Addressing the Threat of Organisms in Trade in the Great Lakes Region: Science-based Risk Assessment and Outreach

Patrice M. Charlebois, Reuben P. Keller

Research output: Contribution to conferencePaper

Abstract

The Laurentian Great Lakes ecosystem has a history of species invasions, with many of these species being imported intentionally as organisms in trade (OIT). The vectors that move OIT and include the trades in water garden and aquarium organisms, biological supplies, live bait, and live food. State and federal agencies have developed lists of species that are banned from import and sale in an effort to prevent the establishment of new invasive species. However, because development of these lists is not coordinated, many species are restricted in some parts of the Great Lakes region but not others, and the rationale for listing species differs across states. This lack of coordination has created an inefficient system for protecting a shared ecosystem. We and our partners have worked to address this inefficiency by developing transparent, science-based risk assessment tools that can be used across the Great Lakes region paired with outreach to managers, retailers, and consumers of OIT. At the request of the Indiana Department of Natural Resources in 2003, we began this work by facilitating a stakeholder group that developed a risk assessment tool for aquatic invasive plants, and a subsequent list of species considered potentially invasive. We have since developed risk assessment tools for the suite of OIT that have been introduced to the Great Lakes, worked with managers and policy-makers to ensure that those tools meet their needs, and conducted extensive outreach to communicate the invasion risks from OIT. Our work has resulted in additional regulations for species in some states, but there remain inefficiencies in management programs. These inefficiencies can be improved to further reduce invasion risks from OIT.
Original languageEnglish (US)
StatePublished - 2018
Event2018 Midwest Fish and Wildlife Conference - Milwaukee, United States
Duration: Jan 28 2018Jan 31 2018
Conference number: 78

Conference

Conference2018 Midwest Fish and Wildlife Conference
CountryUnited States
CityMilwaukee
Period1/28/181/31/18

Fingerprint

risk assessment
lake
lake ecosystem
bait
aquarium
organism
science
invasive species
garden
import
stakeholder
natural resource
food
ecosystem
history
water

Keywords

  • INHS

Cite this

Charlebois, P. M., & Keller, R. P. (2018). Addressing the Threat of Organisms in Trade in the Great Lakes Region: Science-based Risk Assessment and Outreach. Paper presented at 2018 Midwest Fish and Wildlife Conference, Milwaukee, United States.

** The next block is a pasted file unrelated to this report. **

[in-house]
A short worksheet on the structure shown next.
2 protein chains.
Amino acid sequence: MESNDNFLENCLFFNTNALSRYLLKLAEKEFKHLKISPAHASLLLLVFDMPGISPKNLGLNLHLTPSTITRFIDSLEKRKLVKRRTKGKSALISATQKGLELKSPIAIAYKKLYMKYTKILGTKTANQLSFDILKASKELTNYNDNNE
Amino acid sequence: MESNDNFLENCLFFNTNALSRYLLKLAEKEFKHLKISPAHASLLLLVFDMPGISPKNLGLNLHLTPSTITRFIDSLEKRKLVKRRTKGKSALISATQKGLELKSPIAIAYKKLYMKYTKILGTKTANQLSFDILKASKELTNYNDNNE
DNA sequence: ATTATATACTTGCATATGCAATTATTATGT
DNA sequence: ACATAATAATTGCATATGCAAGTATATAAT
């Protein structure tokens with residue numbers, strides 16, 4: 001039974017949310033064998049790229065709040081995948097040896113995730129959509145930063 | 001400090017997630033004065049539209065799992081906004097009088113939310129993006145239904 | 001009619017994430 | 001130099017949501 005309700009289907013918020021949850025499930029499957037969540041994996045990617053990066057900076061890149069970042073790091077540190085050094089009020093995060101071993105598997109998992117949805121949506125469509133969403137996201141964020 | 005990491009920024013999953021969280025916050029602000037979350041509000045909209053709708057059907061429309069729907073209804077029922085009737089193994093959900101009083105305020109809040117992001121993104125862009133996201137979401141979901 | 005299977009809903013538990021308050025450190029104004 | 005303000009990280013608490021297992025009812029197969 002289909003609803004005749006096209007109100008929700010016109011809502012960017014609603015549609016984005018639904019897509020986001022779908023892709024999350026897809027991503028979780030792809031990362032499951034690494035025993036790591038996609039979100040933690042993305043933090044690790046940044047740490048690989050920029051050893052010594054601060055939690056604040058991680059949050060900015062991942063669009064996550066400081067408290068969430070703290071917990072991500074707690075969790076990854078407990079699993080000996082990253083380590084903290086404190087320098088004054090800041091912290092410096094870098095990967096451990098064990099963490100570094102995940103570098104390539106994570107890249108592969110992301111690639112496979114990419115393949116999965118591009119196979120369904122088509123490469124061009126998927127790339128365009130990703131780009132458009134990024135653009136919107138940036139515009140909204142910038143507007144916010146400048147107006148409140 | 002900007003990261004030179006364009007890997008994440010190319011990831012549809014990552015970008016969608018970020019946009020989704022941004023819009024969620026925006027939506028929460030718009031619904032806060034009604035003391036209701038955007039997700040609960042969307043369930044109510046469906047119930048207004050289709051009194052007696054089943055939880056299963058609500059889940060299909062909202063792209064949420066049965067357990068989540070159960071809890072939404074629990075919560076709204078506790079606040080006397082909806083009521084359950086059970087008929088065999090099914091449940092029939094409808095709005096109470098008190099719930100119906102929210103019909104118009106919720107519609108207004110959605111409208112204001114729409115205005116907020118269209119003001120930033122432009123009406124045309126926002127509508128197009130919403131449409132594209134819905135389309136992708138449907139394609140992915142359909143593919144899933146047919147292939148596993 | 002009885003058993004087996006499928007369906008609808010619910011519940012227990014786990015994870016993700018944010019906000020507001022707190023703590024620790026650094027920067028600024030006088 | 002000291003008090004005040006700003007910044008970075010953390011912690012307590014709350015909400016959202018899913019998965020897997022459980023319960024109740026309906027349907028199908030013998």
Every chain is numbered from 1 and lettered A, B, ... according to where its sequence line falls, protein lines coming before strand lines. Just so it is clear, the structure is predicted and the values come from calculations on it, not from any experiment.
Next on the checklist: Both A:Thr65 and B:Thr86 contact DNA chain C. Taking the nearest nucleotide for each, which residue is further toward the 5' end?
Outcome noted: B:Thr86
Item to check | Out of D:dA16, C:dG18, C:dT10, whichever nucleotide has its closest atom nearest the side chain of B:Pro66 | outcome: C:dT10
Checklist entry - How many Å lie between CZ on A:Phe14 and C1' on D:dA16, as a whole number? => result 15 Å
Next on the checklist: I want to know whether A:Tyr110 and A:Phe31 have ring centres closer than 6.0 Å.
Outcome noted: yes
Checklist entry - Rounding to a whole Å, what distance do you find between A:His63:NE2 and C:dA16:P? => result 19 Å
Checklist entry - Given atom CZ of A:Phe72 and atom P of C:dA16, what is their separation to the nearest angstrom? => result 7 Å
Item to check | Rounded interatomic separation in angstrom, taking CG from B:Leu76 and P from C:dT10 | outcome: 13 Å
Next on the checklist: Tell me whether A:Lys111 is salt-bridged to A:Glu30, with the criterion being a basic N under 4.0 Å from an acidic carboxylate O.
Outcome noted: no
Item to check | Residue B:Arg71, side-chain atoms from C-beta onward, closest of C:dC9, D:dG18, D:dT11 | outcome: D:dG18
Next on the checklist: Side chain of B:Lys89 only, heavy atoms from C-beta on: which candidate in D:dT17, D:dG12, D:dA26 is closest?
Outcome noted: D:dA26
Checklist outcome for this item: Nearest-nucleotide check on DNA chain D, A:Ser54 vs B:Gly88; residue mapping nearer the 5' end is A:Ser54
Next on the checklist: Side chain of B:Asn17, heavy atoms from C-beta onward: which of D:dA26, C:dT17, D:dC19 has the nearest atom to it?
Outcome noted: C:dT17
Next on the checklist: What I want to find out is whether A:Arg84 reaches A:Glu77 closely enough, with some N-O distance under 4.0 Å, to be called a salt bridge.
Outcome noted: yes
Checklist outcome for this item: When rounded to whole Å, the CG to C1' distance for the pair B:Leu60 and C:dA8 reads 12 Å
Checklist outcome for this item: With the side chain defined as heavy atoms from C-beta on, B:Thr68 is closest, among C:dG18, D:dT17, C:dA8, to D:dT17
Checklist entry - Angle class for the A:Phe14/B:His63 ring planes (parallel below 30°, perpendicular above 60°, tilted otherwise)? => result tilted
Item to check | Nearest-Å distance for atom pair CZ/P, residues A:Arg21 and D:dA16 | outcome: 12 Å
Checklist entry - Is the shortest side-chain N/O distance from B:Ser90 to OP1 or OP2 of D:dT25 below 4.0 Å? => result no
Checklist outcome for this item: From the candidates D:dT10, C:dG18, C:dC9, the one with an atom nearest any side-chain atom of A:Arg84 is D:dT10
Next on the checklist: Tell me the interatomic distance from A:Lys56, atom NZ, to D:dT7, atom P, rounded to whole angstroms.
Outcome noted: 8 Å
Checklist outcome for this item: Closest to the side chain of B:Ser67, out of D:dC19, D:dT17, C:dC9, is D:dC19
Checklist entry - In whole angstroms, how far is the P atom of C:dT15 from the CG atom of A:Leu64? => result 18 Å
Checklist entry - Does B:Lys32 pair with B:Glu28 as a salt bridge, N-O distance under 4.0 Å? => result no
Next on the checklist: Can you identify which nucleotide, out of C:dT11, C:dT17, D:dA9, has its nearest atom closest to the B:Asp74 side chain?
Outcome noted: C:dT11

Addressing the Threat of Organisms in Trade in the Great Lakes Region: Science-based Risk Assessment and Outreach. / Charlebois, Patrice M.; Keller, Reuben P.

2018. Paper presented at 2018 Midwest Fish and Wildlife Conference, Milwaukee, United States.

Research output: Contribution to conferencePaper

Charlebois, PM & Keller, RP 2018, 'Addressing the Threat of Organisms in Trade in the Great Lakes Region: Science-based Risk Assessment and Outreach' Paper presented at 2018 Midwest Fish and Wildlife Conference, Milwaukee, United States, 1/28/18 - 1/31/18, .
Charlebois PM, Keller RP. Addressing the Threat of Organisms in Trade in the Great Lakes Region: Science-based Risk Assessment and Outreach. 2018. Paper presented at 2018 Midwest Fish and Wildlife Conference, Milwaukee, United States.
Charlebois, Patrice M. ; Keller, Reuben P. / Addressing the Threat of Organisms in Trade in the Great Lakes Region: Science-based Risk Assessment and Outreach. Paper presented at 2018 Midwest Fish and Wildlife Conference, Milwaukee, United States.
@conference{2027913b0b59435fae16047c8145621d,
title = "Addressing the Threat of Organisms in Trade in the Great Lakes Region: Science-based Risk Assessment and Outreach",
abstract = "The Laurentian Great Lakes ecosystem has a history of species invasions, with many of these species being imported intentionally as organisms in trade (OIT). The vectors that move OIT and include the trades in water garden and aquarium organisms, biological supplies, live bait, and live food. State and federal agencies have developed lists of species that are banned from import and sale in an effort to prevent the establishment of new invasive species. However, because development of these lists is not coordinated, many species are restricted in some parts of the Great Lakes region but not others, and the rationale for listing species differs across states. This lack of coordination has created an inefficient system for protecting a shared ecosystem. We and our partners have worked to address this inefficiency by developing transparent, science-based risk assessment tools that can be used across the Great Lakes region paired with outreach to managers, retailers, and consumers of OIT. At the request of the Indiana Department of Natural Resources in 2003, we began this work by facilitating a stakeholder group that developed a risk assessment tool for aquatic invasive plants, and a subsequent list of species considered potentially invasive. We have since developed risk assessment tools for the suite of OIT that have been introduced to the Great Lakes, worked with managers and policy-makers to ensure that those tools meet their needs, and conducted extensive outreach to communicate the invasion risks from OIT. Our work has resulted in additional regulations for species in some states, but there remain inefficiencies in management programs. These inefficiencies can be improved to further reduce invasion risks from OIT.",